If you want to make more online sales for your business, you need an easy to use, customer-friendly website. Here are 3 quick, easy and cheap ways to boost your business online and make more money from your website by improving the user experience of your website.
If you want to get more bang for your buck with your website, you need to get lots of feedback from your customers on what they want you to publish online and how they want it organizing. The critical thing to remember is a website becomes successful because it meets the needs of its users.If you just focus on your online goals and what you want to “tell people” you’re heading for trouble. So while you’re planning your website strategy, before it gets to the development stage, ask a group of customers or people within your target market for their suggestions and ideas during the major phases of the decision making would be a smart move. When completed, you’ll have a website that is pleasing to your target audience – which at the same time is helping you reach your business goals.
Here are 3 stages of website development where the users’ inputs are critical to its success.
1. Gathering Data
A fundamental component of any website is its content and the menus and navigation. When you gather information about your target audience profile, you can the implement your content development strategy. Simple, effective ways to get information is by asking them to answer a short questionnaire – ideally online – and following up with a detailed interview with a sample group of 15-20 people.
You can make a content development strategy that applies directly to your potential users when you know their demographics and you have a better understanding of their goals, outlooks and what motivates them to visit you in the first place.
If you’re creating something people don’t want to read, your wasting your time and money, or isn’t pitched at their level of interest, or organized in way they want to use it.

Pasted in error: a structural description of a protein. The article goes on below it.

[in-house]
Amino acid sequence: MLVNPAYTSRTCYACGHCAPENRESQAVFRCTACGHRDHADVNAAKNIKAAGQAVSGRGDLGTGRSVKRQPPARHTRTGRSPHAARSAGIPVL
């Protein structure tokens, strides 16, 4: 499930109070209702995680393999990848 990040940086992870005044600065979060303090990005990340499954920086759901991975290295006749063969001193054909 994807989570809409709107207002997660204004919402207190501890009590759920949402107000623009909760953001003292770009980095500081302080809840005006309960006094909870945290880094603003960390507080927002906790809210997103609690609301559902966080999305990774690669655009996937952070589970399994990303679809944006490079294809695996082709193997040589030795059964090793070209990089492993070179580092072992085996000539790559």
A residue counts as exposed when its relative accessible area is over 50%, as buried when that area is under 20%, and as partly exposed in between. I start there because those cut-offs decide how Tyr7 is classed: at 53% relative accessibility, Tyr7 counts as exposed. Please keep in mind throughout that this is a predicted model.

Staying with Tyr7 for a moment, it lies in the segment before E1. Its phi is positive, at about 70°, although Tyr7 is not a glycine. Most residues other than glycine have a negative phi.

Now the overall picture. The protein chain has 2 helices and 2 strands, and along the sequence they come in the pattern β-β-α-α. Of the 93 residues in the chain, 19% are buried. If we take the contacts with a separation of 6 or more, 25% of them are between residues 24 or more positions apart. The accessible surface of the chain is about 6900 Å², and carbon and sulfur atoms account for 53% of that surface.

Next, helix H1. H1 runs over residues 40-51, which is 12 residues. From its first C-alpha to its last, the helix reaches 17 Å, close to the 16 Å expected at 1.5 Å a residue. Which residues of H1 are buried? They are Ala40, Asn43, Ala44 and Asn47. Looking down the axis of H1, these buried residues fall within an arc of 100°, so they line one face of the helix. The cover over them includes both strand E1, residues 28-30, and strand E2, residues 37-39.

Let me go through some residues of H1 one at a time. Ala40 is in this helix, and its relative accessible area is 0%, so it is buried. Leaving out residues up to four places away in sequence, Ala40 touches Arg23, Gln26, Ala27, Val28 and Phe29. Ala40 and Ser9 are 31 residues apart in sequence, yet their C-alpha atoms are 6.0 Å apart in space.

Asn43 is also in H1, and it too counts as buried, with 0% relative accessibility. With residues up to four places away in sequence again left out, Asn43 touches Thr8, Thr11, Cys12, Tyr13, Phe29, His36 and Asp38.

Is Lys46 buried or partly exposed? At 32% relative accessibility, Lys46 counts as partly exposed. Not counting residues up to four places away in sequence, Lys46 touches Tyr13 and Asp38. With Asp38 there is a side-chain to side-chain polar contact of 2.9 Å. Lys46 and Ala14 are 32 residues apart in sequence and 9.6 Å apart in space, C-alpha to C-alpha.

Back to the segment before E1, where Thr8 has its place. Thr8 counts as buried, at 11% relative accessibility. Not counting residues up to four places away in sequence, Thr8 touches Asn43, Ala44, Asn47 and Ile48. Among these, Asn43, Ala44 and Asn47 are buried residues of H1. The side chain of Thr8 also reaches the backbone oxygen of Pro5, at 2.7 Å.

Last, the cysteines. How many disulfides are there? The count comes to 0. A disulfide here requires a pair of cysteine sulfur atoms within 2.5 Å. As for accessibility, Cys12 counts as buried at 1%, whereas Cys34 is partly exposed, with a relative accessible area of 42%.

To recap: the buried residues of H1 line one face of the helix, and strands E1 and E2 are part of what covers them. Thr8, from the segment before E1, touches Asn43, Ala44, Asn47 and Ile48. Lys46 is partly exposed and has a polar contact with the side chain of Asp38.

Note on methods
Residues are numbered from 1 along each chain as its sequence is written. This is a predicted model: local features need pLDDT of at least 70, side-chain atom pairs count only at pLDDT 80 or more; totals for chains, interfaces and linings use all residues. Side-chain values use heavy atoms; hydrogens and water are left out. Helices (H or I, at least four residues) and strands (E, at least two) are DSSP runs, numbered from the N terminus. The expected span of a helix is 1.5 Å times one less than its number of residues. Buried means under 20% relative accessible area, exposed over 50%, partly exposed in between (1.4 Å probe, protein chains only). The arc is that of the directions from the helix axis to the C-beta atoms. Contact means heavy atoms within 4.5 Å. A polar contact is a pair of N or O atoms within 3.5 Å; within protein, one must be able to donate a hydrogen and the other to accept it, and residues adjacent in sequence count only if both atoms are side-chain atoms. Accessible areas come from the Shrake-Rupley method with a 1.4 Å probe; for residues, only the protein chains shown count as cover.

As well as asking them what information they want, ask them what format they would like it in. Perhaps they want video, audio, something they can print out? These days, it’s straightforward to reformat your information into lots of different audio/visual media.
2. Creating your site map
When you have identified the profile of your users and what their aspirations are, you know the kind of content you will fill the site with. Get your customers involved at the heart of the decision making of the structure of your site map by jotting down each piece or section of content on a postcard and giving these cards to your sample of customers.
Then let the users sort them into groups that they can understand. Using the results of their preferred grouping, you can proceed to making your site map based on the train of thought of your users, and not yours.
3. Putting together your website design
With the site map structure in place, you can advance to the page designing part. Sketch the primary page layout onto paper, and then ask some site visitors to complete tasks on a paper prototype. Enhance the final outcome before building a clickable wireframe prototype and do further usability testing. Put some basic desing elements on your website blueprint (wireframe) and ask people what they think about your new website plan, so you can gauge how popular the finished site is likely to be.
If you spend some time getting your website strategy right and spend some time planning how your site needs to work, you’ll find you spend a lot less money later on a website that fails to deliver.